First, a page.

A noted criminologist finds a useful lesson for law enforcement agencies trying to address use-of-force incidents in a speech half a century ago by former President Dwight Eisenhower.
The US Park Police killing of Bijan Ghaisar last November can now be seen on line, thanks to another police agency that recorded the shooting on a Dash-Cam.
No one can decide whether this shooting was legal, based only on the video and press accounts. But everyone can decide that the police lacked what President Dwight D. Eisenhower once asked our entire nation to display: patient courage.
On Dec.2 1954, at the height of the Cold War, Eisenhower was under political pressure to authorize military action. His response was that every other means had not yet been exhausted:
“The hard way,” he said, “is to have the courage to be patient, tirelessly to seek out every single avenue open to us” before using violence.
Yet many police agencies fail to teach that message. Instead, their systems allow officers to put themselves in harm’s way, where there can be no patience if they reasonably believe there is a risk to life.
At the time Ghaisar was shot, he was apparently not wanted for any violent crime, nor for a hit-and-run, nor for a serious offense. His crime was refusing to stop for a police officer.
That is not a legal basis to shoot or kill, by any US law or firearms policy I have seen in a half-century of educating police. Yet somehow, at least one officer decided that it was. What kind of police system can produce that kind of decision?
The US Park Police have been here before. In 1994, a disturbed man with a knife taped to his hand chased a police officer around Lafayette Park in front of the White House. The officer called for backup, and a small group of officers formed a semicircle with guns pointed at the man.
While he ignored police orders to drop the knife, the man stood very still, staring at police from well beyond reach of his knife. Other police cleared bystanders away, and the standoff continued for several minutes. Then a siren was heard as another police car drove up near he scene.
A US Park Police officer emerged, ran over to the other officers already dealing with the man, and immediately shot him twice, fatally.
The shooting police officer was not prosecuted, but none of the other officers present had not deemed it necessary to shoot the man. Different reactions to the situation by different officers reveal a system problem of excessive decentralization, in which no one is in command at the scene of a life-or-death standoff.
For decades, some police agencies have required supervisory approval by radio even to engage in a hot pursuit, usually limited to a clear risk of serious harm (which seems to have been lacking in the Ghaisar case). The late Yale police scholar Albert Reiss proposed in 1980 that the same should be done for “permission to shoot,” without which police should follow the UK police practice of avoiding direct engagement with armed persons.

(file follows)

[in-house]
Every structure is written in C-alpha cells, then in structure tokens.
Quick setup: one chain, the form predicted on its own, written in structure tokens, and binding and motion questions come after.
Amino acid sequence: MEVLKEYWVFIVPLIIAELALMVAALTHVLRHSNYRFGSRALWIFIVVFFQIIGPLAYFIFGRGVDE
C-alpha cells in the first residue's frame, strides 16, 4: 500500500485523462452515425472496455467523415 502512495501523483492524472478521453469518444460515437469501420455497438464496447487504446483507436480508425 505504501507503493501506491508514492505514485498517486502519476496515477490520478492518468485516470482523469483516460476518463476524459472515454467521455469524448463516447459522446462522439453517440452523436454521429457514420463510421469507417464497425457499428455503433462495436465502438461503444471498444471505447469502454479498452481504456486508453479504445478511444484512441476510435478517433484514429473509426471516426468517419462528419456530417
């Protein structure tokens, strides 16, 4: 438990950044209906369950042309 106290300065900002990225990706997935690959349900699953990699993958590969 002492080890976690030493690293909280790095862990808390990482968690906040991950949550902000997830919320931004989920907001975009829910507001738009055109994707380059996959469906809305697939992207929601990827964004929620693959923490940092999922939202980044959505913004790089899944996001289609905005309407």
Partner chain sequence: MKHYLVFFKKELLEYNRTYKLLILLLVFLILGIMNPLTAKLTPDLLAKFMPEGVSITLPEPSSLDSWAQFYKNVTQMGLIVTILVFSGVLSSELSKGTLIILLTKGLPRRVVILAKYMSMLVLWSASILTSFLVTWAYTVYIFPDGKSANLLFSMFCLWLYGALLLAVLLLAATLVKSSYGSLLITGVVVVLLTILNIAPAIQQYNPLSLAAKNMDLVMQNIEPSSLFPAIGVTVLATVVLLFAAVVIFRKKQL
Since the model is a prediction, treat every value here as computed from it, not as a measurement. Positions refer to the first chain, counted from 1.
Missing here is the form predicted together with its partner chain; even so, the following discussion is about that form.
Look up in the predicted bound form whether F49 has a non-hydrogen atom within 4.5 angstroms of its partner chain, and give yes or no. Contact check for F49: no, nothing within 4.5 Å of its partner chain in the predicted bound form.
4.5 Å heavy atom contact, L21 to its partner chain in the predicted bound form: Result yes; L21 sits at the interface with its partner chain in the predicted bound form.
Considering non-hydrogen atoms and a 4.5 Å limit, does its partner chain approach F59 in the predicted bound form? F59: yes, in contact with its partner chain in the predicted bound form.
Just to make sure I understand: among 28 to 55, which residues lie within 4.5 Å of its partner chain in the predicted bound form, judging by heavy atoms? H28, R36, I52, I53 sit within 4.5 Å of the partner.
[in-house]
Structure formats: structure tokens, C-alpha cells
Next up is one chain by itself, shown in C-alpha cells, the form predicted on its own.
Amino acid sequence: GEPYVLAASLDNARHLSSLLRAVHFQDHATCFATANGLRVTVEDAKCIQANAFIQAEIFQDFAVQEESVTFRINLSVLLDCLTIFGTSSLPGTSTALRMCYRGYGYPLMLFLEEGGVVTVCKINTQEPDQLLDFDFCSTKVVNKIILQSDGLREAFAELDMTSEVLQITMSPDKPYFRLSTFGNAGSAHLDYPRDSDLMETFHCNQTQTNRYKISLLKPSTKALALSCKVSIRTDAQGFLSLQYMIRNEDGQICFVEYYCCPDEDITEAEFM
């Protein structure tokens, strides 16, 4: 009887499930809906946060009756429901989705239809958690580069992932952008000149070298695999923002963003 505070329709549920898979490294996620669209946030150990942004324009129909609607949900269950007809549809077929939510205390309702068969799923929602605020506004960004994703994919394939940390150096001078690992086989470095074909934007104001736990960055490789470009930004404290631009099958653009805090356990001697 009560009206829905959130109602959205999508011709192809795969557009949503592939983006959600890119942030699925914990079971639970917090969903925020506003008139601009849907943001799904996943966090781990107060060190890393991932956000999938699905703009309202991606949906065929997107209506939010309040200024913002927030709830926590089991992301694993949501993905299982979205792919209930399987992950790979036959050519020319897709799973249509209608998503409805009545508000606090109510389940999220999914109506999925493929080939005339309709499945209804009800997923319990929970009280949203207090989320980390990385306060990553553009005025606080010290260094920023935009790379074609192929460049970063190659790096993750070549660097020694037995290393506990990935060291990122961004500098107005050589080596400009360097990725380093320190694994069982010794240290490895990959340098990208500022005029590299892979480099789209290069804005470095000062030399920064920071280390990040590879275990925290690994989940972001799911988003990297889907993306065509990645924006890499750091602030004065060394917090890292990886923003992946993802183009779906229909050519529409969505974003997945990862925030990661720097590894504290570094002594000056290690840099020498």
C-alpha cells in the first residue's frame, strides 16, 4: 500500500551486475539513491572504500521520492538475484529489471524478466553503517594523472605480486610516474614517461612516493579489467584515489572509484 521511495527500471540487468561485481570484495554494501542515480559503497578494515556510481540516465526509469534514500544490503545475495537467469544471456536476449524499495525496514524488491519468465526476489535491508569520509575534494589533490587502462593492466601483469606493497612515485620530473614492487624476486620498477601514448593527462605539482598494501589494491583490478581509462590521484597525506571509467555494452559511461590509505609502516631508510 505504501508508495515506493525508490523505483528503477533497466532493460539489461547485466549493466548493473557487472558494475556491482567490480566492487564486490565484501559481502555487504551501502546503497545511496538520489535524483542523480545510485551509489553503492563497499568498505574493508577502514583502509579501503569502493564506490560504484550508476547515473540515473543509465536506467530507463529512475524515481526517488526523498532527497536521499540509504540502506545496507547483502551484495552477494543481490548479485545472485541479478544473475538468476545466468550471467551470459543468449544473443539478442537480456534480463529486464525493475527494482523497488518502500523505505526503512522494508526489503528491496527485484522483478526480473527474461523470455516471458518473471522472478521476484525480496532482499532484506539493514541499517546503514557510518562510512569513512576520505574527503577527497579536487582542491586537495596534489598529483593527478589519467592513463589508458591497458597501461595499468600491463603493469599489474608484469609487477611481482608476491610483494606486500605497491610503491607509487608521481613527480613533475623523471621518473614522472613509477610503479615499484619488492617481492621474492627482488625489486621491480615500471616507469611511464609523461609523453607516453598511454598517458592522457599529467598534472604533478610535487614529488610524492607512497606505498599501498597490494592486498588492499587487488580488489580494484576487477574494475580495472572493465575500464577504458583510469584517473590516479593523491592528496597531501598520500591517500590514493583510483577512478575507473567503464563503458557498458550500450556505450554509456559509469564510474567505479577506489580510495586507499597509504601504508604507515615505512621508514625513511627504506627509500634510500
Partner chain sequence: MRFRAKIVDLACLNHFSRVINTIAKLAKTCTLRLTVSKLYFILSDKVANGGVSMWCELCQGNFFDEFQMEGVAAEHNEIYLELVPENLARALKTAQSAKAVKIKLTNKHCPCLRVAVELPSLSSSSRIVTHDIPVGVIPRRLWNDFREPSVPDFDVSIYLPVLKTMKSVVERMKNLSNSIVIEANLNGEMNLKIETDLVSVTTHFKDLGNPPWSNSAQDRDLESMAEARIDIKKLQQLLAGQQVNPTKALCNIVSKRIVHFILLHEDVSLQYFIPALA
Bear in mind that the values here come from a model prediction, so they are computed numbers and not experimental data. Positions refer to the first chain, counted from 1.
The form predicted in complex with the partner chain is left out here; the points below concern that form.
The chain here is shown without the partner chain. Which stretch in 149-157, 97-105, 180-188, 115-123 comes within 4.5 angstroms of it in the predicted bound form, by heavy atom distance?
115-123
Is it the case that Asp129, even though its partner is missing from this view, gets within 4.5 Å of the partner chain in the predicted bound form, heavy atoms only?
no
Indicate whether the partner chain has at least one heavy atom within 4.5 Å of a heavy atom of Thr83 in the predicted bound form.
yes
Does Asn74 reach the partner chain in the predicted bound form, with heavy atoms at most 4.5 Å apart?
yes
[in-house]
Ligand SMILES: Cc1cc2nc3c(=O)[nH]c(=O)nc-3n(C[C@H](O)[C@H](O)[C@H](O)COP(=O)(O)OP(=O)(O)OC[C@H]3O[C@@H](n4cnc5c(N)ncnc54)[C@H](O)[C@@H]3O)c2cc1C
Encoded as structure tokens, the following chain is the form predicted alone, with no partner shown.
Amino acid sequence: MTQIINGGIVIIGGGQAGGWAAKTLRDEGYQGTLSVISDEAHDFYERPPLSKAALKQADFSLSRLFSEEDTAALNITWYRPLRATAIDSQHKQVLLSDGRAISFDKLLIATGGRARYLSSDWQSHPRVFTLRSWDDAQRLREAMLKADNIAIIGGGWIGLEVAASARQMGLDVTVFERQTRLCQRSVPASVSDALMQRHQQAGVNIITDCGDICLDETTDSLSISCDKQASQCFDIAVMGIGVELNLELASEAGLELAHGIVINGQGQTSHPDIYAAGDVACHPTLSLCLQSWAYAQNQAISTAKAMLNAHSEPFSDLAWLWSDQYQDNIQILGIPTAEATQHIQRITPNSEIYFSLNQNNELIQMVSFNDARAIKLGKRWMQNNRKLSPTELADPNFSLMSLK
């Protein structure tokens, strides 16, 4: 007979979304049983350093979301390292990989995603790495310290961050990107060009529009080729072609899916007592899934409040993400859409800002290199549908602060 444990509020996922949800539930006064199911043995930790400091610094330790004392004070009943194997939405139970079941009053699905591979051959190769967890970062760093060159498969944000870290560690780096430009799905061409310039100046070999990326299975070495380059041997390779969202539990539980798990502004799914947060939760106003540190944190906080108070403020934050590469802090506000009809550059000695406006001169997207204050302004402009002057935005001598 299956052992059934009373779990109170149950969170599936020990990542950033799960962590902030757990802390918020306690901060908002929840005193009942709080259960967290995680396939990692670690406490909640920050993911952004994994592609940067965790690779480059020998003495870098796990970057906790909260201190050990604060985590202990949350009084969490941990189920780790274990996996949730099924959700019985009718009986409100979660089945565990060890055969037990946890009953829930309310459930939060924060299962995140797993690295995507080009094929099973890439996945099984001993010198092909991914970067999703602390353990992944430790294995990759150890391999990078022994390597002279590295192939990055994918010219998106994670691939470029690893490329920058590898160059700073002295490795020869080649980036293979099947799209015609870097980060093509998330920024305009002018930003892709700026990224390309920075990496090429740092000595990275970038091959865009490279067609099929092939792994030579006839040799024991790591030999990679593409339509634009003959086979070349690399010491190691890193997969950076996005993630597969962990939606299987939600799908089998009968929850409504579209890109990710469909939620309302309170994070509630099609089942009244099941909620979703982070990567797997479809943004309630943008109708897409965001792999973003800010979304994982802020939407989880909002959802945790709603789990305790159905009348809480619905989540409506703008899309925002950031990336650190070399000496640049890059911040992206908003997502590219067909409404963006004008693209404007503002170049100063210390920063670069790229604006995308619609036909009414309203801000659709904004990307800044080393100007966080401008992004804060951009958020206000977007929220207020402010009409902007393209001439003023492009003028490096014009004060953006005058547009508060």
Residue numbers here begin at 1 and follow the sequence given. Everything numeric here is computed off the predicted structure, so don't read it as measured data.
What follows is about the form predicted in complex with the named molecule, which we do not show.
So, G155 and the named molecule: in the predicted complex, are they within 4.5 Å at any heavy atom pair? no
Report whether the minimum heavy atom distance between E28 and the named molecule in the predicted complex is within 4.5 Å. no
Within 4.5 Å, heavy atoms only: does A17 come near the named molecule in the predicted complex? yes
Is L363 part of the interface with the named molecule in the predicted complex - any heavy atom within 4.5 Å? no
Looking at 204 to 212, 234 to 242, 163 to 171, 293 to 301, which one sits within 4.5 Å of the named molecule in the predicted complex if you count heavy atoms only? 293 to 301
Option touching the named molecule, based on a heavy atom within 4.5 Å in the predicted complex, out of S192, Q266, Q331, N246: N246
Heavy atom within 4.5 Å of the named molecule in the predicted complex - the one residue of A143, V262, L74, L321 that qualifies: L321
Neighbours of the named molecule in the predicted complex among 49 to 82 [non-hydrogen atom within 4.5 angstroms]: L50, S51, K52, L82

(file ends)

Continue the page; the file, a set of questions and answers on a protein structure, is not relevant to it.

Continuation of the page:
That is just what Camden, NJ police officers did in their celebrated, non-lethal arrest of a knife-wielding man in late 2015, as recently noted in the Washington Post. Under their philosophy of “Hippocratic Policing” that first does no (unnecessary) harm, they had the courage to be patient. But their action was not the heroic courage of individuals. It was the systemic courage of training, procedures, review and management.
Even in a police agency supporting systemic courage, individual officers may need the courage of self-control. When a car stops for police and drives off, not once but repeatedly, there is a natural fear of humiliation of the officers in the eyes of their peers.
By shooting, they may save face—but not lives.
It takes a very strong system to support the first officer on the scene in Camden, who did not use his legal powers to shoot the man with the knife. Instead, he took the lead for what grew to some 15 officers who were all holding fire together.
Police agencies can build patient courage without risking injury to police officers. Some have opposed patient courage as more dangerous to police. But that argument misses the point: that officers have no duty to put themselves in harm’s way when there is no direct threat to anyone.
It is only when they lack the courage to be patient that they create a threat to themselves. Patient courage is not only wise. It also brings more police officers home from work each day, alive and well.
Lawrence W. Sherman is Chair of the Police Executive Programme at Cambridge University and Distinguished University Professor of Criminology at the University of Maryland. He welcomes readers’ comments.